Feline Acne and How to Treat It

Feline closeup

If your cat appears to have small spots that look like blackheads under her chin or around her mouth, she may have feline acne. There are several treatments you can use to treat the condition, including topical ointments, oral medications, and lifestyle changes. Find out how you can help clear up your kitty's skin.

What Causes Acne in Cats?

Have you ever noticed your cat rubbing his face on the sides of doors, edges of tables and on your legs? Cats have small oil glands in their faces called Sebaceous glands. When these glands work the way they should, oil is distributed through the cat's fur and keeps the coat shiny and skin soft. However, many experts believe cats also use this oil to mark their territory. This would explain why cats rub on doorways and such.

Acne appears when these glands become blocked. The reason for the blockage can be from any number of factors, including:

  • Age
  • Stress
  • Disease
  • Cat not grooming self properly
  • Skin problems
  • Overproduction of oil

Other experts believe low quality food and the use of plastic food bowls can cause feline acne. These experts say that the plastic bowls hold bacteria that then gets on the cat's chin when she eats and causes the breakouts.

Treatments for Feline Acne

First, do not try to diagnose your cat on your own. While you may be able to easily recognize the appearance and symptoms of feline acne, there are some diseases that can look like acne, but are actually far more serious. It is always best to consult with a professional. The vet should take a skin scraping of the area; this will help him rule out other problems such as ringworm. If your vet identifies acne as your cat's problem, he is likely to recommend one of the following courses of treatment:

  • Shampoo with benzoyl peroxide
  • Topical treatments
  • Oral antibiotics
  • Corticosteroids
  • Vitamin supplements

Severe and Recurring Acne in Cats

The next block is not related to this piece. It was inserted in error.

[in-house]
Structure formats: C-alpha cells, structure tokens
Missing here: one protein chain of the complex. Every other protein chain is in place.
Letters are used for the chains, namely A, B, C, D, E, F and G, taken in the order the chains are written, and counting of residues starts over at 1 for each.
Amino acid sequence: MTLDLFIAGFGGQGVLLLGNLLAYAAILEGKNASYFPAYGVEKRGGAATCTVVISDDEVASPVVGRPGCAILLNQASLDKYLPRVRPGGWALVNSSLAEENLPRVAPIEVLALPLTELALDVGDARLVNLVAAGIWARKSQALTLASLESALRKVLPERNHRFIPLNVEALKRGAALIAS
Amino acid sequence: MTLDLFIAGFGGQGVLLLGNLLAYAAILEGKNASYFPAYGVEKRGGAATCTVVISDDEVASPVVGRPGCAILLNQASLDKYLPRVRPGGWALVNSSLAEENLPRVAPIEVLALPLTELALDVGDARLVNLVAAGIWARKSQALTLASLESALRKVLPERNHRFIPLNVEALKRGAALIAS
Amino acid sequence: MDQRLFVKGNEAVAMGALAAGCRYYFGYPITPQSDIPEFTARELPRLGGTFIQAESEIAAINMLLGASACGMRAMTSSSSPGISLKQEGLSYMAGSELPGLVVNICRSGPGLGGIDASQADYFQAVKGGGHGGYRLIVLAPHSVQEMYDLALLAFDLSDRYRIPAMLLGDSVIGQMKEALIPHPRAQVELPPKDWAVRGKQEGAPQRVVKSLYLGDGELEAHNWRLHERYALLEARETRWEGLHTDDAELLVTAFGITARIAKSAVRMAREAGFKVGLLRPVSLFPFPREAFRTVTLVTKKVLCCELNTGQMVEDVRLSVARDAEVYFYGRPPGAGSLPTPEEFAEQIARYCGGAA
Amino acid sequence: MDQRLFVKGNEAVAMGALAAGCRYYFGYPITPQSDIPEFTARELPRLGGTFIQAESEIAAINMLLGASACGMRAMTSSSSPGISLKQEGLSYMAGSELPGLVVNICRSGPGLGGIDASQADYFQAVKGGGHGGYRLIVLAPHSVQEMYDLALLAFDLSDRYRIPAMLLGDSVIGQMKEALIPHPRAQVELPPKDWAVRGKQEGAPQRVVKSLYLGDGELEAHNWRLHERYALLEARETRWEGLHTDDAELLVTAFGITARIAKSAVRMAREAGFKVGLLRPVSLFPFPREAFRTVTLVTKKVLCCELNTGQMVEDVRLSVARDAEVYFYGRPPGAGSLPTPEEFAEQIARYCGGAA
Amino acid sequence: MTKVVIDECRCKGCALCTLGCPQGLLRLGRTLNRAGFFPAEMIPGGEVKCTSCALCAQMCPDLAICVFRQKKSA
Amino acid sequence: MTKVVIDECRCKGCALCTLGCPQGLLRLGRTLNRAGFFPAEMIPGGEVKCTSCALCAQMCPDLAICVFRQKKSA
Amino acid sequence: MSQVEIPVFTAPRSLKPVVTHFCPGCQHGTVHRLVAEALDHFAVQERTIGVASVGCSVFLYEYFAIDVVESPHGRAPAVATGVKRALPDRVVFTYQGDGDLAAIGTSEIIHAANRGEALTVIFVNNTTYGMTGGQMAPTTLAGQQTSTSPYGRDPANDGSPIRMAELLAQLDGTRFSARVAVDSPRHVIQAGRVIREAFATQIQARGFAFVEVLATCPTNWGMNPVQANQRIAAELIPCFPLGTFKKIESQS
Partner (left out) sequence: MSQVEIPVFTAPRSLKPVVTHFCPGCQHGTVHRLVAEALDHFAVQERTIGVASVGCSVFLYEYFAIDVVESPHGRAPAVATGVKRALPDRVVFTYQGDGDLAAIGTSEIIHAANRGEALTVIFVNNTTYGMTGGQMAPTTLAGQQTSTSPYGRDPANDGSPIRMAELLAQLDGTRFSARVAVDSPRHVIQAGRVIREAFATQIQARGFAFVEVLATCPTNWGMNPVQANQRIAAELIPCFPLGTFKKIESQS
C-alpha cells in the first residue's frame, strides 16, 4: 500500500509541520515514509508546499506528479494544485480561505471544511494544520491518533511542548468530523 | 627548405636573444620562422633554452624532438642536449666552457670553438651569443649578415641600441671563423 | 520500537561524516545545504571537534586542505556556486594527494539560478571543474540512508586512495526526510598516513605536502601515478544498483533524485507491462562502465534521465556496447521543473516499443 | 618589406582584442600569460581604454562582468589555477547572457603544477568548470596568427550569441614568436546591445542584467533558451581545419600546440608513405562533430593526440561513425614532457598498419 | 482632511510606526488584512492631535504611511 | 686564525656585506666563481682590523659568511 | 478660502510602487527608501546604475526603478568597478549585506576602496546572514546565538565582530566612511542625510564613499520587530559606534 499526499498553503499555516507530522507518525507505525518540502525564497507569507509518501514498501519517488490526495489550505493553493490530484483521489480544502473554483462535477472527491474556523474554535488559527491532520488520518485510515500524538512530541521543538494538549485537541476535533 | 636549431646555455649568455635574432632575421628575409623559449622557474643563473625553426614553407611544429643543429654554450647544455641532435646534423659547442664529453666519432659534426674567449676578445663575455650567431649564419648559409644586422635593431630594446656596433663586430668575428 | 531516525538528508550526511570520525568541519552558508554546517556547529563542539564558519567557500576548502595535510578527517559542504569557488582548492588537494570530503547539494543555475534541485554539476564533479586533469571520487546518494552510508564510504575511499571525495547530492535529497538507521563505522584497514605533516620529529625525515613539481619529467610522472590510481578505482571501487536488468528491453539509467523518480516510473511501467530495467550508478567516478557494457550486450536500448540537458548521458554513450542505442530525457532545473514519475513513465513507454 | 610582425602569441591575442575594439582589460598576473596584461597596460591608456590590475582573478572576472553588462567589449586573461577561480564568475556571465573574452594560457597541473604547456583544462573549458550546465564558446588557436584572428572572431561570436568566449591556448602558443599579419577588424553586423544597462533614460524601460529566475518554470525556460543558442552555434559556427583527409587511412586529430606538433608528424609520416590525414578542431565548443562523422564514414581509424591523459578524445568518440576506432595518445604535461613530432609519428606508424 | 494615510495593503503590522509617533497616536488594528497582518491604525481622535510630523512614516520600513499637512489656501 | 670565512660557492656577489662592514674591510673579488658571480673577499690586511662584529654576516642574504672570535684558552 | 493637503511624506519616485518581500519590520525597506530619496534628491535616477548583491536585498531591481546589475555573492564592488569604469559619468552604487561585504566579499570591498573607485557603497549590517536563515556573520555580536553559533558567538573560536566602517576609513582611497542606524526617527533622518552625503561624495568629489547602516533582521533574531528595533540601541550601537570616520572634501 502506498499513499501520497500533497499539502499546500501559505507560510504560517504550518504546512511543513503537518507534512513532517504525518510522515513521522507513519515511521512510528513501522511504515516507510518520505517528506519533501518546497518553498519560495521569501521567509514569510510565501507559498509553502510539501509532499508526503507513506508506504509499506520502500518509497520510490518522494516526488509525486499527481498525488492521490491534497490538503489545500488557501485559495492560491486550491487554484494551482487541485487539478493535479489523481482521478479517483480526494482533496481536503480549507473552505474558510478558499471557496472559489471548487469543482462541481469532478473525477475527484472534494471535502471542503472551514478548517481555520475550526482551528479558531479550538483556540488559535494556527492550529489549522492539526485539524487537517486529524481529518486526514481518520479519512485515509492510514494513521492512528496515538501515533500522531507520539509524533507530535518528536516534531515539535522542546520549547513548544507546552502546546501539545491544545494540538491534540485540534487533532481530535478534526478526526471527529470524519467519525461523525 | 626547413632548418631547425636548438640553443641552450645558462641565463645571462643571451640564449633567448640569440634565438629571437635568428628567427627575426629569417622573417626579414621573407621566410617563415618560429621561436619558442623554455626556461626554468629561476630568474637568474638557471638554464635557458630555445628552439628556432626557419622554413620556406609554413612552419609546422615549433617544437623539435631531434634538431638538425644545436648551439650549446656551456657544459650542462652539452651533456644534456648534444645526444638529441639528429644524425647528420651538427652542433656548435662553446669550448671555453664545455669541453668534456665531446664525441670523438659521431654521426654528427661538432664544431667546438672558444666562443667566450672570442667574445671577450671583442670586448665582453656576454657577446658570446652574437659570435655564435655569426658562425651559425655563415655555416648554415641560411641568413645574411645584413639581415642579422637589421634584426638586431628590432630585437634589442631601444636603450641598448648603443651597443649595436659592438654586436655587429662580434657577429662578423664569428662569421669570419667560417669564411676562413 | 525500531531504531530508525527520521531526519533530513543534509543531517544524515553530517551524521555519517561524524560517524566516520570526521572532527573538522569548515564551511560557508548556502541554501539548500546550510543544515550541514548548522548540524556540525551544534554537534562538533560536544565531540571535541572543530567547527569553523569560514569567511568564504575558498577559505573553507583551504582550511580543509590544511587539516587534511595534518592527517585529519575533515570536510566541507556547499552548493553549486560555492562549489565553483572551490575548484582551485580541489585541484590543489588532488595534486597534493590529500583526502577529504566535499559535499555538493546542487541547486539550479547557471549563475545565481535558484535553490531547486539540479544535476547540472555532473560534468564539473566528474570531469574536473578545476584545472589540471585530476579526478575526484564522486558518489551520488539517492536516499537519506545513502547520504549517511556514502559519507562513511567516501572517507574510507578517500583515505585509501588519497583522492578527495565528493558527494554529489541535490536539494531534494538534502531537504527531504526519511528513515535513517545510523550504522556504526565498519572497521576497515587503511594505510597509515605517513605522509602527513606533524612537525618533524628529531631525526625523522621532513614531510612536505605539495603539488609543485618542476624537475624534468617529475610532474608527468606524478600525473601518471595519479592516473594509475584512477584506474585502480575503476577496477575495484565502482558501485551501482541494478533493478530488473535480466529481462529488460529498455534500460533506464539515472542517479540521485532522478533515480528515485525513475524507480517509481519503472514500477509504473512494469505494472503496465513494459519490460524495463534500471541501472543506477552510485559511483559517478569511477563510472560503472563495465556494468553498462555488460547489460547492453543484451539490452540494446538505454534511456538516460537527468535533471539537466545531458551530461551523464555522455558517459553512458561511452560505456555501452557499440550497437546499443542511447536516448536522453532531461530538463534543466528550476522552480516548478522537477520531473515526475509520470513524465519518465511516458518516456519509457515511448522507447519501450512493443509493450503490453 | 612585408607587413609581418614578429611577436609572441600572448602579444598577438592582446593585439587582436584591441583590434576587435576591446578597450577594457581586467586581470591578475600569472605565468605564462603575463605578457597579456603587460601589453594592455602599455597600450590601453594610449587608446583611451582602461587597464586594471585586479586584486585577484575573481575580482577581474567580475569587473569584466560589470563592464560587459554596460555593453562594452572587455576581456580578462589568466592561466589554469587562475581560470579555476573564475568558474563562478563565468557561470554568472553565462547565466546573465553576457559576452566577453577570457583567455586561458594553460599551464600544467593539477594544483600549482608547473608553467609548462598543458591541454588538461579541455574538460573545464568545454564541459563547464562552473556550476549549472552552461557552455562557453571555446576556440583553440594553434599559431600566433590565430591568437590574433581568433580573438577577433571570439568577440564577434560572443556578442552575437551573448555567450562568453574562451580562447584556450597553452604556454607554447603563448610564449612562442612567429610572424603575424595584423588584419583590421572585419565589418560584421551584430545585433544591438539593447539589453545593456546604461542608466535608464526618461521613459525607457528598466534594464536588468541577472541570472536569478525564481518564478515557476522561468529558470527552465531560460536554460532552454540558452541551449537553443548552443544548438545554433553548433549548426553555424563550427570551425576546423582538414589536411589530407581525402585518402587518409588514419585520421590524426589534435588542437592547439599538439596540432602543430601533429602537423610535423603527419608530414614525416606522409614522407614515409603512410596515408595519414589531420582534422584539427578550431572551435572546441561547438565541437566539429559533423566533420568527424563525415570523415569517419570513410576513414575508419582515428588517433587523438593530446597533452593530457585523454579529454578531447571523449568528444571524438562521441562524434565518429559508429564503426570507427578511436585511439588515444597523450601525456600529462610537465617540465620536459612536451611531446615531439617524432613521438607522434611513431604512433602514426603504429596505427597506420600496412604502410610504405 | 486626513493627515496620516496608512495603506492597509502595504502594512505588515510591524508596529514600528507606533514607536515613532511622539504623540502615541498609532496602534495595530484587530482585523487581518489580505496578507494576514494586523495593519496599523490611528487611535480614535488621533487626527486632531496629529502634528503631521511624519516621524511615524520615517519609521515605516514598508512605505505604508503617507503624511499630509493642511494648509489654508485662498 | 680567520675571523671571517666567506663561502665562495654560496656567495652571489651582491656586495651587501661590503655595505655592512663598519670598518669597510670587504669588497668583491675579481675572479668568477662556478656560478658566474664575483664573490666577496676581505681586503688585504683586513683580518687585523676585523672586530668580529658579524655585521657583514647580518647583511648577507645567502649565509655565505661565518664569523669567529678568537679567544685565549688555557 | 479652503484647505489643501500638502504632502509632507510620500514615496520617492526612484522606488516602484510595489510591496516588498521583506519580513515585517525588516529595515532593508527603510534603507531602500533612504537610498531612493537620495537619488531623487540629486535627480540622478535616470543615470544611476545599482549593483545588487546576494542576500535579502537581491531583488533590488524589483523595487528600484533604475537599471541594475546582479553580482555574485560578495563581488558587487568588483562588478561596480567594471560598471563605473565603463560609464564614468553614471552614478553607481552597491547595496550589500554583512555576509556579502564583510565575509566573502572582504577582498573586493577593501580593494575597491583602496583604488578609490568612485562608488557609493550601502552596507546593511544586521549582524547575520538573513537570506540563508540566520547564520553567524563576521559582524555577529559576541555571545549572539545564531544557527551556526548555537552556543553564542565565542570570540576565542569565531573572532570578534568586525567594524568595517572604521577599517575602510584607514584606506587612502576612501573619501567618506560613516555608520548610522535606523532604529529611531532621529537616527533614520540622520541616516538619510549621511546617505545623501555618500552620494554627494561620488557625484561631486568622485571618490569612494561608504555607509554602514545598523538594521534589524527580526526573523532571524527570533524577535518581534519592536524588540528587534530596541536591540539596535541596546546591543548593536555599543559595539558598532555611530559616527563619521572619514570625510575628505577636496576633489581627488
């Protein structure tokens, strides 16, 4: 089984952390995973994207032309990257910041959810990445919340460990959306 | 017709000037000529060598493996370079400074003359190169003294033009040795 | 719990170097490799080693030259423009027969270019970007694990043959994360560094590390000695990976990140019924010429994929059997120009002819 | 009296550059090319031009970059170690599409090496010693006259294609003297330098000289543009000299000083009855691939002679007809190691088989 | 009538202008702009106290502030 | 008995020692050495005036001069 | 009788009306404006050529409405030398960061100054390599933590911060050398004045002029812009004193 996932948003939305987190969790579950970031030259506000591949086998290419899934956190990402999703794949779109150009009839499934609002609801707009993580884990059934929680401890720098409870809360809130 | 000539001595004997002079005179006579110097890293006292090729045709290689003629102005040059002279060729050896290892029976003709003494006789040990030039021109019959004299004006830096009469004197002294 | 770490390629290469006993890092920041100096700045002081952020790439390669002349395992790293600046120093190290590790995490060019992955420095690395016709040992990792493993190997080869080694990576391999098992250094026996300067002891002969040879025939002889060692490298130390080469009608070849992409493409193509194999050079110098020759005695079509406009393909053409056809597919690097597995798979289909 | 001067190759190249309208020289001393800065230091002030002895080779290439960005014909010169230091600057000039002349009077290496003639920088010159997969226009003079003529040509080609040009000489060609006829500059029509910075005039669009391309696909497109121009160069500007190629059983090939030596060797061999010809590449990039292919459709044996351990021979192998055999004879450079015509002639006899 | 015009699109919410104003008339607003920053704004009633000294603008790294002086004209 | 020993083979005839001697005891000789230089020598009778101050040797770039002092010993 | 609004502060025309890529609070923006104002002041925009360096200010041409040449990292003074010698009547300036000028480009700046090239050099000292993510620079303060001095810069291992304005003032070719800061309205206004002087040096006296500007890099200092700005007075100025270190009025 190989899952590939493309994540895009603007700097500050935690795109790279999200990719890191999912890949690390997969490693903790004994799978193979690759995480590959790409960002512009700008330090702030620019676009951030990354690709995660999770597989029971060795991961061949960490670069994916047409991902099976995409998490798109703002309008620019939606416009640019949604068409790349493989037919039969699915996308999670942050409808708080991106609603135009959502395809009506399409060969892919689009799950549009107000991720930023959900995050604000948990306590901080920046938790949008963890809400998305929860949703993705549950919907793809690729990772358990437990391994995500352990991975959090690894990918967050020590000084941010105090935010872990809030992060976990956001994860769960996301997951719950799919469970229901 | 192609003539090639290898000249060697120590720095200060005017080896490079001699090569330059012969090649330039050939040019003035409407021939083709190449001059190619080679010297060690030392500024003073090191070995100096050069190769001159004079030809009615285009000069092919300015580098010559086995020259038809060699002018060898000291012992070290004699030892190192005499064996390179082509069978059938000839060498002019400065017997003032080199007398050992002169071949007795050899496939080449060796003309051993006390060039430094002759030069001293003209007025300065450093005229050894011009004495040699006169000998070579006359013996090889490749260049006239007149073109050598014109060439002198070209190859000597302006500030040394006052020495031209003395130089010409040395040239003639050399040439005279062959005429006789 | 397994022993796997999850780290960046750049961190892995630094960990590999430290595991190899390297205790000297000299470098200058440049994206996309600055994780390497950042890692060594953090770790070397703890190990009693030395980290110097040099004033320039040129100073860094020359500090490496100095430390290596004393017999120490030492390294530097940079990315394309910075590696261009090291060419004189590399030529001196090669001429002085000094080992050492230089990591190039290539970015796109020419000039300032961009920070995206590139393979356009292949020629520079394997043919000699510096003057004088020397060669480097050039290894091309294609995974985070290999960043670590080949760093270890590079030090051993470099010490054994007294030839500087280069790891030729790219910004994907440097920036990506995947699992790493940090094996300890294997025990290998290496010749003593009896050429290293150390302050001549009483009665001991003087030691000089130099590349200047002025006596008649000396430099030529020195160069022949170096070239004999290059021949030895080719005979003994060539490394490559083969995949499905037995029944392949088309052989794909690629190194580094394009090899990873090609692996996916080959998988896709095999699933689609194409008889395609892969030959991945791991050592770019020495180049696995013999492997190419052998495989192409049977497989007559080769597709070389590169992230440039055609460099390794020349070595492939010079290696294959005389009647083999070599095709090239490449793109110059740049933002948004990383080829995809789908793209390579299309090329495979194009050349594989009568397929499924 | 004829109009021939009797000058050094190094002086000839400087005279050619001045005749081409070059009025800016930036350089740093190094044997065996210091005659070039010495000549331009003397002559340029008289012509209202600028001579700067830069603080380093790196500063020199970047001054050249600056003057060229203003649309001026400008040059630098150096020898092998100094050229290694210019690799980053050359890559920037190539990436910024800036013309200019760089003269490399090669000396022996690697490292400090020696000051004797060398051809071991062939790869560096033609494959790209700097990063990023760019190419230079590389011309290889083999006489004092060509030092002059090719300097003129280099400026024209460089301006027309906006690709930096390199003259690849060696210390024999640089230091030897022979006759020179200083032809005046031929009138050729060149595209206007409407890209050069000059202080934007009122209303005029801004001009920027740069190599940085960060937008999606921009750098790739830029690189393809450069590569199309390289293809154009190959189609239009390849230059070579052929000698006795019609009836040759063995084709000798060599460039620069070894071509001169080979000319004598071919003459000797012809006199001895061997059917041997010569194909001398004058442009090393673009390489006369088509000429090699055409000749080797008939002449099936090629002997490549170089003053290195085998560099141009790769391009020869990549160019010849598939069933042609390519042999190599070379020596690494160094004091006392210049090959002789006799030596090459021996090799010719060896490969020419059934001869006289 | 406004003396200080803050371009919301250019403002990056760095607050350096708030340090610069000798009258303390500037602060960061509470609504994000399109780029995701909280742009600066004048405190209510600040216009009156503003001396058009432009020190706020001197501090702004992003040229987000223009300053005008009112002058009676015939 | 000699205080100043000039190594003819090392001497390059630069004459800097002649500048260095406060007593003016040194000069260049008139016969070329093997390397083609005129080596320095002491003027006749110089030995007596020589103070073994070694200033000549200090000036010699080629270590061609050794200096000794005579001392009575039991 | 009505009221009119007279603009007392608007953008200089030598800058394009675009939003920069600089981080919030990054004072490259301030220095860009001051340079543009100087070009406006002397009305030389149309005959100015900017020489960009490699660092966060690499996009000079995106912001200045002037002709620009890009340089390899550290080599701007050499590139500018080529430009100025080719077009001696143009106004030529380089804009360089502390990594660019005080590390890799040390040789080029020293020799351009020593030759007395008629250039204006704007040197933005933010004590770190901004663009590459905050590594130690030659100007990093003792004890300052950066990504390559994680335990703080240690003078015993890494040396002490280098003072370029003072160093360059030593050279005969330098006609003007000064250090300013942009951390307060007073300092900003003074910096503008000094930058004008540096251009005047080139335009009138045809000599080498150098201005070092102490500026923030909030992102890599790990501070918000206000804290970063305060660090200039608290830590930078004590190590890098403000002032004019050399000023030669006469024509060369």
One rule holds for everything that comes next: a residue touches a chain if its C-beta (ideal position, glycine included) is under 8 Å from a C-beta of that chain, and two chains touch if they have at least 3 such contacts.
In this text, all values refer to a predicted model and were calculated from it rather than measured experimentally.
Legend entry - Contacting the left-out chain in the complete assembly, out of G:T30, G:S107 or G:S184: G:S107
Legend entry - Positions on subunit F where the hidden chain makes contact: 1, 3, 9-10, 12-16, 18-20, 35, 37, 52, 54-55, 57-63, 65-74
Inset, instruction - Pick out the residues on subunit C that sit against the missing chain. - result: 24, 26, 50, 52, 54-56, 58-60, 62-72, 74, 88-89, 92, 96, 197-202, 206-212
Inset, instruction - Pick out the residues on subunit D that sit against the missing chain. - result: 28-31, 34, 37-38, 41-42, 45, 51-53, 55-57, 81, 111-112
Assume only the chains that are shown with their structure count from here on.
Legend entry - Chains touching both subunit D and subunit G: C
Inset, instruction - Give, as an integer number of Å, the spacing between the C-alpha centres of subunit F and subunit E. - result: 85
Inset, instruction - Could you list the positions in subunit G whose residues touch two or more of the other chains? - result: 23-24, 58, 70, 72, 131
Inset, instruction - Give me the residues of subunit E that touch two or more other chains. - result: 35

Since acne seems to still flare back up from time to time in most cats with this condition, you should also consider switching to a stainless steel bowl. Be sure to run the bowl through your dishwasher every few days to completely sterilize it, and don't leave uneaten food sitting in the bowl. Dispose of it promptly. You may also want to try gently cleaning off your cat's chin after she finishes eating or drinking from her bowls. The local pet supply store should have disinfectant wipes that will help with this task.

Products for Felines with Acne

If you've tried everything else and your cat is still suffering from feline acne, you may want to take a look at some of the products on the market to treat this condition. You'll find a small selection at your local brick and mortar pet supply store. Below are some online stores with products to help with this condition.

  • Skin and Coat Tonic: This product claims to keep the hair shaft and follicle strong, and this may reduce problems with feline acne as well.
  • Feline Acne Wash: Consult with your veterinarian before using any product on your cat, but this one looks promising. The product is applied three to four times each day just under the chin. It is supposed to reduce the sebum the cat produces. At only $12.50, it is certainly worth a try.
  • Missing Link for Cats: This treat contains vitamins and nutrients to promote healthy skin. This might be effective if the cause of the acne is from poor diet.
  • Davis Benzoyl Peroxide Shampoo: Consult with your veterinarian before using this shampoo on your cat since cats ingest most substances applied to their skin. More than likely, the veterinarian will okay you trying to use this shampoo on the cat's chin, but it's better to be safe than sorry.

Although feline acne can be frustrating for both you and your pet, be patient and keep trying new treatments until you stumble on the one that works for you and your cat.

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Feline Acne and How to Treat It